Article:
“We see this as an opportunity to field long-lived, resilient datacenters that operate ‘lights out’—nobody on site—with very high reliability for the entire life of the deployment, possibly as long as 10 years,” Microsoft said.

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It's one of the most consistent patterns in the unviverse. What causes it?

  • Spinning discs are everywhere – just look at our solar system, the rings of Saturn, and all the spiral galaxies in the universe.
  • Spinning discs are the result of two things: The force of gravity and a phenomenon in physics called the conservation of angular momentum.
  • Gravity brings matter together; the closer the matter gets, the more it accelerates – much like an ice skater who spins faster and faster the closer their arms get to their body. Then, this spinning cloud collapses due to up and down and diagonal collisions that cancel each other out until the only motion they have in common is the spin – and voila: A flat disc.

Scientists study tattooed corpses, find pigment in lymph nodes

It turns out, that tattoo ink can travel throughout your body and settle in lymph nodes.

17th August 1973: An American tattoo artist working on a client's shoulder. (Photo by F. Roy Kemp/BIPs/Getty Images)

In the slightly macabre experiment to find out where tattoo ink travels to in the body, French and German researchers recently used synchrotron X-ray fluorescence in four "inked" human cadavers — as well as one without. The results of their 2017 study? Some of the tattoo ink apparently settled in lymph nodes.

Image from the study.

As the authors explain in the study — they hail from Ludwig Maximilian University of Munich, the European Synchrotron Radiation Facility, and the German Federal Institute for Risk Assessment — it would have been unethical to test this on live animals since those creatures would not be able to give permission to be tattooed.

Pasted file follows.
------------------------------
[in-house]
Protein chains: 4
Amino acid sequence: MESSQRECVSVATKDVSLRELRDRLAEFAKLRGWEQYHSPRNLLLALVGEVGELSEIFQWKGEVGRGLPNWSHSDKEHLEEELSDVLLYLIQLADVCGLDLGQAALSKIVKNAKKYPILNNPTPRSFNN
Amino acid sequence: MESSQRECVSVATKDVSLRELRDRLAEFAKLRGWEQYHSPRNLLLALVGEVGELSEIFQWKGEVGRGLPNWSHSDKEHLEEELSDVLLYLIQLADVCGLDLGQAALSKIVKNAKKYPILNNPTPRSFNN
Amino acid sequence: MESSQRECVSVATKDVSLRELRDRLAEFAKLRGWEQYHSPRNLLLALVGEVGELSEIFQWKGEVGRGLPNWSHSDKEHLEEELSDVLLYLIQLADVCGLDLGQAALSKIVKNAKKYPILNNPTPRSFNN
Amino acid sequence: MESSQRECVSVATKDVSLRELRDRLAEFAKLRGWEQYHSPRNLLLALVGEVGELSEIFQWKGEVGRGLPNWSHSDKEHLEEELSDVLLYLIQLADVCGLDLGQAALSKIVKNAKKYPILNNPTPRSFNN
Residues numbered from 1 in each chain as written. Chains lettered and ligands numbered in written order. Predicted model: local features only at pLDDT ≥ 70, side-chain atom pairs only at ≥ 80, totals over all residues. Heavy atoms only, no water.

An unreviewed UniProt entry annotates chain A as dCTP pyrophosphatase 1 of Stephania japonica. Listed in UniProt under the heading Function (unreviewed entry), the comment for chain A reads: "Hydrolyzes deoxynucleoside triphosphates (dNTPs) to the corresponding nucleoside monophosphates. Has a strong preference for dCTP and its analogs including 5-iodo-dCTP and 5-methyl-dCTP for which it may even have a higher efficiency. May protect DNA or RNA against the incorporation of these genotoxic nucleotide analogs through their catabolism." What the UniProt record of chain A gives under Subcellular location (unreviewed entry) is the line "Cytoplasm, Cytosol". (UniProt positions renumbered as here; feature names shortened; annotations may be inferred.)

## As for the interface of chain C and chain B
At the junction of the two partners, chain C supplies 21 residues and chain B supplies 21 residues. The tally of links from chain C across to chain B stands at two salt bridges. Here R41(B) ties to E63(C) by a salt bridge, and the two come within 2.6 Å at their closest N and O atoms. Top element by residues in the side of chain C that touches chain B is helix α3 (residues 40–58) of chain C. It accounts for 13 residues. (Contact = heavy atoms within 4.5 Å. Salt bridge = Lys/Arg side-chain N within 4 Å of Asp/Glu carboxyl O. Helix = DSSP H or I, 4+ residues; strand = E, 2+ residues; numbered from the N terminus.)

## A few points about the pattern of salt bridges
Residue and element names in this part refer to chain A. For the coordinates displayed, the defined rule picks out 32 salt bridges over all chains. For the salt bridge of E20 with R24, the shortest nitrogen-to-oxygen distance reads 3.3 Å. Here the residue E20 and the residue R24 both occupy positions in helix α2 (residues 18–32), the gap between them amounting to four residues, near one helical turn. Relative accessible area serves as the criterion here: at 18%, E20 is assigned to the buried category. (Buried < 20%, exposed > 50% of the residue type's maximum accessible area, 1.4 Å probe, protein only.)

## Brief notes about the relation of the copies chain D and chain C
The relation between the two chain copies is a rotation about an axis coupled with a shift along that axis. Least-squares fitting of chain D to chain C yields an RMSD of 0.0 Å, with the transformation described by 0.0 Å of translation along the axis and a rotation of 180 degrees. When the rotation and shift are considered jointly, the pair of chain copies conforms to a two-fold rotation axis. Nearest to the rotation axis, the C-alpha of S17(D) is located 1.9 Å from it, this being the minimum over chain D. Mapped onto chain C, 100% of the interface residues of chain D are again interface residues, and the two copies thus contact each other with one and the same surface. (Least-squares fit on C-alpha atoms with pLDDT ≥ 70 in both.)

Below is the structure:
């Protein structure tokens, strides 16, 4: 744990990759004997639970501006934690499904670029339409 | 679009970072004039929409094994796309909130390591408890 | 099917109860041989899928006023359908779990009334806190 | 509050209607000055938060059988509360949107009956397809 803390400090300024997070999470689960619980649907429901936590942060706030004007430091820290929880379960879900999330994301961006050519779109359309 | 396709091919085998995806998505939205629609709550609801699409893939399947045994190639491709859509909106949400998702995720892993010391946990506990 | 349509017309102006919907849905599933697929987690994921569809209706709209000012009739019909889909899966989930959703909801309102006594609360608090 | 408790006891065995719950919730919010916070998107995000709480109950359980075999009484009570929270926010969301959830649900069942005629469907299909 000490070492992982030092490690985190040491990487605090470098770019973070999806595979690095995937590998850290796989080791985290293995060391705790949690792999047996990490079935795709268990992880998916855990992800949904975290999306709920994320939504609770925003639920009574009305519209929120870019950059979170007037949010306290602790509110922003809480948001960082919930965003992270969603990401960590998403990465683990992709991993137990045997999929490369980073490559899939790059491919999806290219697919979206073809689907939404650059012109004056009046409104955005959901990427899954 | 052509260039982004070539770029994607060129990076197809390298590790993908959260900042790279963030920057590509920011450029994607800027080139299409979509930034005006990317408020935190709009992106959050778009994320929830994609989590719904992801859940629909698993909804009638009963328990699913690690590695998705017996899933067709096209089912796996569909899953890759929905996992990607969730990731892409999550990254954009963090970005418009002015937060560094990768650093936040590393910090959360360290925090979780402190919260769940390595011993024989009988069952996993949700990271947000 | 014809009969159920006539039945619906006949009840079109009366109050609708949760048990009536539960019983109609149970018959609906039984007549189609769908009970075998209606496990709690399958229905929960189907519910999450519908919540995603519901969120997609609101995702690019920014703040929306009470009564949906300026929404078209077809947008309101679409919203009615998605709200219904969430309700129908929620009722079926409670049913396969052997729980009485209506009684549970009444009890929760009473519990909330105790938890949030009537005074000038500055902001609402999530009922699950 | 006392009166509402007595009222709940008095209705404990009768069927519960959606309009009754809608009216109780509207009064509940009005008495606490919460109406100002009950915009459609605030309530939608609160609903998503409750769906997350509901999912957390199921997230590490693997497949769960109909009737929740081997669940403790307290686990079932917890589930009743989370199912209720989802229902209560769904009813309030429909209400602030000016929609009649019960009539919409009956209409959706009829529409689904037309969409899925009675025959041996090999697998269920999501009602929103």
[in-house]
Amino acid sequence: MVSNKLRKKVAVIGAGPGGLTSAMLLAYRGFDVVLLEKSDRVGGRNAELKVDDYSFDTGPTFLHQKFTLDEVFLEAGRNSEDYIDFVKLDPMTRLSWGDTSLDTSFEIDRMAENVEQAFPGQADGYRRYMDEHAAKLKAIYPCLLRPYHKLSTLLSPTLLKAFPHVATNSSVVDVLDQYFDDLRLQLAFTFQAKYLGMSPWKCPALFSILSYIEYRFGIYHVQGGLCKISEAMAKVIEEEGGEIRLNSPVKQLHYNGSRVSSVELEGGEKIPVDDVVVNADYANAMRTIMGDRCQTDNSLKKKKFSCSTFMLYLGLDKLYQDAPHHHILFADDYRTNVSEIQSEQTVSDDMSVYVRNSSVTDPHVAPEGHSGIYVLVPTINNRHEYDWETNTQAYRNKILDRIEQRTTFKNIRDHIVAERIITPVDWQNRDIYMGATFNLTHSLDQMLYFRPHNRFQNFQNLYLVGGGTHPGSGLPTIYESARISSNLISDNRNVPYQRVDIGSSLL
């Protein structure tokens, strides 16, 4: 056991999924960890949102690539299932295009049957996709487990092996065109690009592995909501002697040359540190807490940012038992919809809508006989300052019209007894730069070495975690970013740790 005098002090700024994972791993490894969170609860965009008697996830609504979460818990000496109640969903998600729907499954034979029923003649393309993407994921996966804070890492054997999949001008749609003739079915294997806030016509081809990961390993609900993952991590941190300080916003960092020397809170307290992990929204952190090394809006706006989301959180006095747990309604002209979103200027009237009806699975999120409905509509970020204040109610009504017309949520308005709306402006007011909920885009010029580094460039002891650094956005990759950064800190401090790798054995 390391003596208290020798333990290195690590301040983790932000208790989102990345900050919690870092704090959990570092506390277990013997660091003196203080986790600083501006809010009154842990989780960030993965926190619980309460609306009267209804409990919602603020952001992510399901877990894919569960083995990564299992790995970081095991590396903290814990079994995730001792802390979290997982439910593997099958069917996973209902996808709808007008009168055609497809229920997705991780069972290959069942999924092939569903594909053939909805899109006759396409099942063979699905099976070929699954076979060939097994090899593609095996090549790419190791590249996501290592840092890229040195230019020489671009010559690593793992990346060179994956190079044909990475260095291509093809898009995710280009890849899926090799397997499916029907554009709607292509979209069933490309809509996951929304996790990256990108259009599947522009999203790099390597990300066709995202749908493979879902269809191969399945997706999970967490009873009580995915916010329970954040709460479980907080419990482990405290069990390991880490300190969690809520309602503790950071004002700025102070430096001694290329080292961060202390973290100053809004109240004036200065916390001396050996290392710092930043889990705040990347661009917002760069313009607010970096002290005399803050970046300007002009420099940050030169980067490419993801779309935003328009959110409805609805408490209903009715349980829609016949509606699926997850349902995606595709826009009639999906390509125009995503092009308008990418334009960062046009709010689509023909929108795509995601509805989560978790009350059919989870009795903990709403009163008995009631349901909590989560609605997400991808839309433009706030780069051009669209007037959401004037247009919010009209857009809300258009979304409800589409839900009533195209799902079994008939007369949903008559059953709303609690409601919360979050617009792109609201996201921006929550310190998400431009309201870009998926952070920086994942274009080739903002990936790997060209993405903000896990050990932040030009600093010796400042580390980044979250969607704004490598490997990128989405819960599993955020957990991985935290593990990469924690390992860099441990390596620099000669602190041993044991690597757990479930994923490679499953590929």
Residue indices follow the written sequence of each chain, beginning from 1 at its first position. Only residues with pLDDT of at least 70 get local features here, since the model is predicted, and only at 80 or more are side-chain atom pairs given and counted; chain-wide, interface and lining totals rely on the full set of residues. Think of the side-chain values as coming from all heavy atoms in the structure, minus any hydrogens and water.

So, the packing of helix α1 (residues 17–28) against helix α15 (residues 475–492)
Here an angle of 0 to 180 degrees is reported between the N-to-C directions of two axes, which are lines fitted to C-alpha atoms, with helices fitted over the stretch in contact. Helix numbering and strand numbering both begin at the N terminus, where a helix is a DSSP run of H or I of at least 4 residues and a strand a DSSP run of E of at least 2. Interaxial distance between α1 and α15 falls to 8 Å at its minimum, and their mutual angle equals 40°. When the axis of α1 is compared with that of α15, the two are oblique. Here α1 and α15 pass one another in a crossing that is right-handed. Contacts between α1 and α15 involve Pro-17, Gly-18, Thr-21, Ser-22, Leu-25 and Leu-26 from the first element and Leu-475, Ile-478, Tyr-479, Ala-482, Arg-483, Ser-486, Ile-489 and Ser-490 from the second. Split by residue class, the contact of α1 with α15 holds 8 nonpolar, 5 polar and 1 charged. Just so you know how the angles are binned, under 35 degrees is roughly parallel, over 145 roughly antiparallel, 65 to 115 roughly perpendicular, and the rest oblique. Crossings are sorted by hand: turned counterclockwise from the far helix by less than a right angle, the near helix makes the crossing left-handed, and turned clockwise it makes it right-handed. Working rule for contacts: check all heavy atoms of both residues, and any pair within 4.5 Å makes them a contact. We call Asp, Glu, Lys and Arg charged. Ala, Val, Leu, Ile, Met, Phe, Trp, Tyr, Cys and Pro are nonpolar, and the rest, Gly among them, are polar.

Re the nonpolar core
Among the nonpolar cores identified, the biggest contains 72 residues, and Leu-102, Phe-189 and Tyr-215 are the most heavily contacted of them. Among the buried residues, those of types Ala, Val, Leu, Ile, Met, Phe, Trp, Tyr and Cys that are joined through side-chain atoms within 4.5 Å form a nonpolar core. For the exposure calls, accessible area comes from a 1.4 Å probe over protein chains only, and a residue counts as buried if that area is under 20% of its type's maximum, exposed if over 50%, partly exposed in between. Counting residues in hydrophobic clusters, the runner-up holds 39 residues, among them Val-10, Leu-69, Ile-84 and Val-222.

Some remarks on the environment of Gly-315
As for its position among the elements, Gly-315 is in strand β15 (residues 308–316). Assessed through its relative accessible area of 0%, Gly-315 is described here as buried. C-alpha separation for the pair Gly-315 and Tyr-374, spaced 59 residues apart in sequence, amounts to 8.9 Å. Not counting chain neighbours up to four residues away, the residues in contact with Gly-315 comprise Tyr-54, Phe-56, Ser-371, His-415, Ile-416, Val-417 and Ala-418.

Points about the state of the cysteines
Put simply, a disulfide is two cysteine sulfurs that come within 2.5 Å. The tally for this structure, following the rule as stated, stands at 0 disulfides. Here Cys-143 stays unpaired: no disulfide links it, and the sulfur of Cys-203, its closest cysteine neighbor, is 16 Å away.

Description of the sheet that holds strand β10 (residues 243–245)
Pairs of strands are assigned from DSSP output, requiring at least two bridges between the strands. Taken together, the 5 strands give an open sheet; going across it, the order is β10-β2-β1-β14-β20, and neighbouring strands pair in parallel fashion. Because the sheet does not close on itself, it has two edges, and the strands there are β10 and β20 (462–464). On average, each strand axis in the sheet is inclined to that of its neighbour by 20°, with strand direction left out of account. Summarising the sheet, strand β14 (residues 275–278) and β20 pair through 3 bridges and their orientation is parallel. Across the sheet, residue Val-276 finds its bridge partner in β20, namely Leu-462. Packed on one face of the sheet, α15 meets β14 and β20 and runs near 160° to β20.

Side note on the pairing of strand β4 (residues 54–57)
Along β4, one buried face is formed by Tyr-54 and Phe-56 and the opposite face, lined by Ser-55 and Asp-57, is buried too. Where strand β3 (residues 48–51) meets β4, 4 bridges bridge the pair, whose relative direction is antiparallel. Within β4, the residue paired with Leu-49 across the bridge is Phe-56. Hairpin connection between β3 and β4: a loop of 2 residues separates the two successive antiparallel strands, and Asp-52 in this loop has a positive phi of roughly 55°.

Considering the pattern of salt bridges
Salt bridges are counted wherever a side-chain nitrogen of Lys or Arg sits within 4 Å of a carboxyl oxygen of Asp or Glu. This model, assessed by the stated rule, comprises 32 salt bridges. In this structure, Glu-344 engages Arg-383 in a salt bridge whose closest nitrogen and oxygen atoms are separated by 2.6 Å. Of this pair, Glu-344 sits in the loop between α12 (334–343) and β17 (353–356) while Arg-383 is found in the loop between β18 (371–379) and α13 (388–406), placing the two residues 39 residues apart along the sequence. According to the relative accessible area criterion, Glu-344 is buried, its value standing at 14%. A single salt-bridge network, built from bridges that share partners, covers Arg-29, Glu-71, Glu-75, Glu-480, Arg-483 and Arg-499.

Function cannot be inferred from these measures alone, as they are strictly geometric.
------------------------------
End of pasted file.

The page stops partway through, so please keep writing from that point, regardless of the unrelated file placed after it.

Because of the prevalence of tattoos these days, the researchers wanted to find out if the ink could be harmful in some way.

"The increasing prevalence of tattoos provoked safety concerns with respect to particle distribution and effects inside the human body," they write.

It works like this: Since lymph nodes filter lymph, which is the fluid that carries white blood cells throughout the body in an effort to fight infections that are encountered, that is where some of the ink particles collect.

Image by authors of the study.

Titanium dioxide appears to be the thing that travels. It's a white tattoo ink pigment that's mixed with other colors all the time to control shades.

The study's authors will keep working on this in the meantime.

“In future experiments we will also look into the pigment and heavy metal burden of other, more distant internal organs and tissues in order to track any possible bio-distribution of tattoo ink ingredients throughout the body. The outcome of these investigations not only will be helpful in the assessment of the health risks associated with tattooing but also in the judgment of other exposures such as, e.g., the entrance of TiO2 nanoparticles present in cosmetics at the site of damaged skin."

Photo by Alina Grubnyak on Unsplash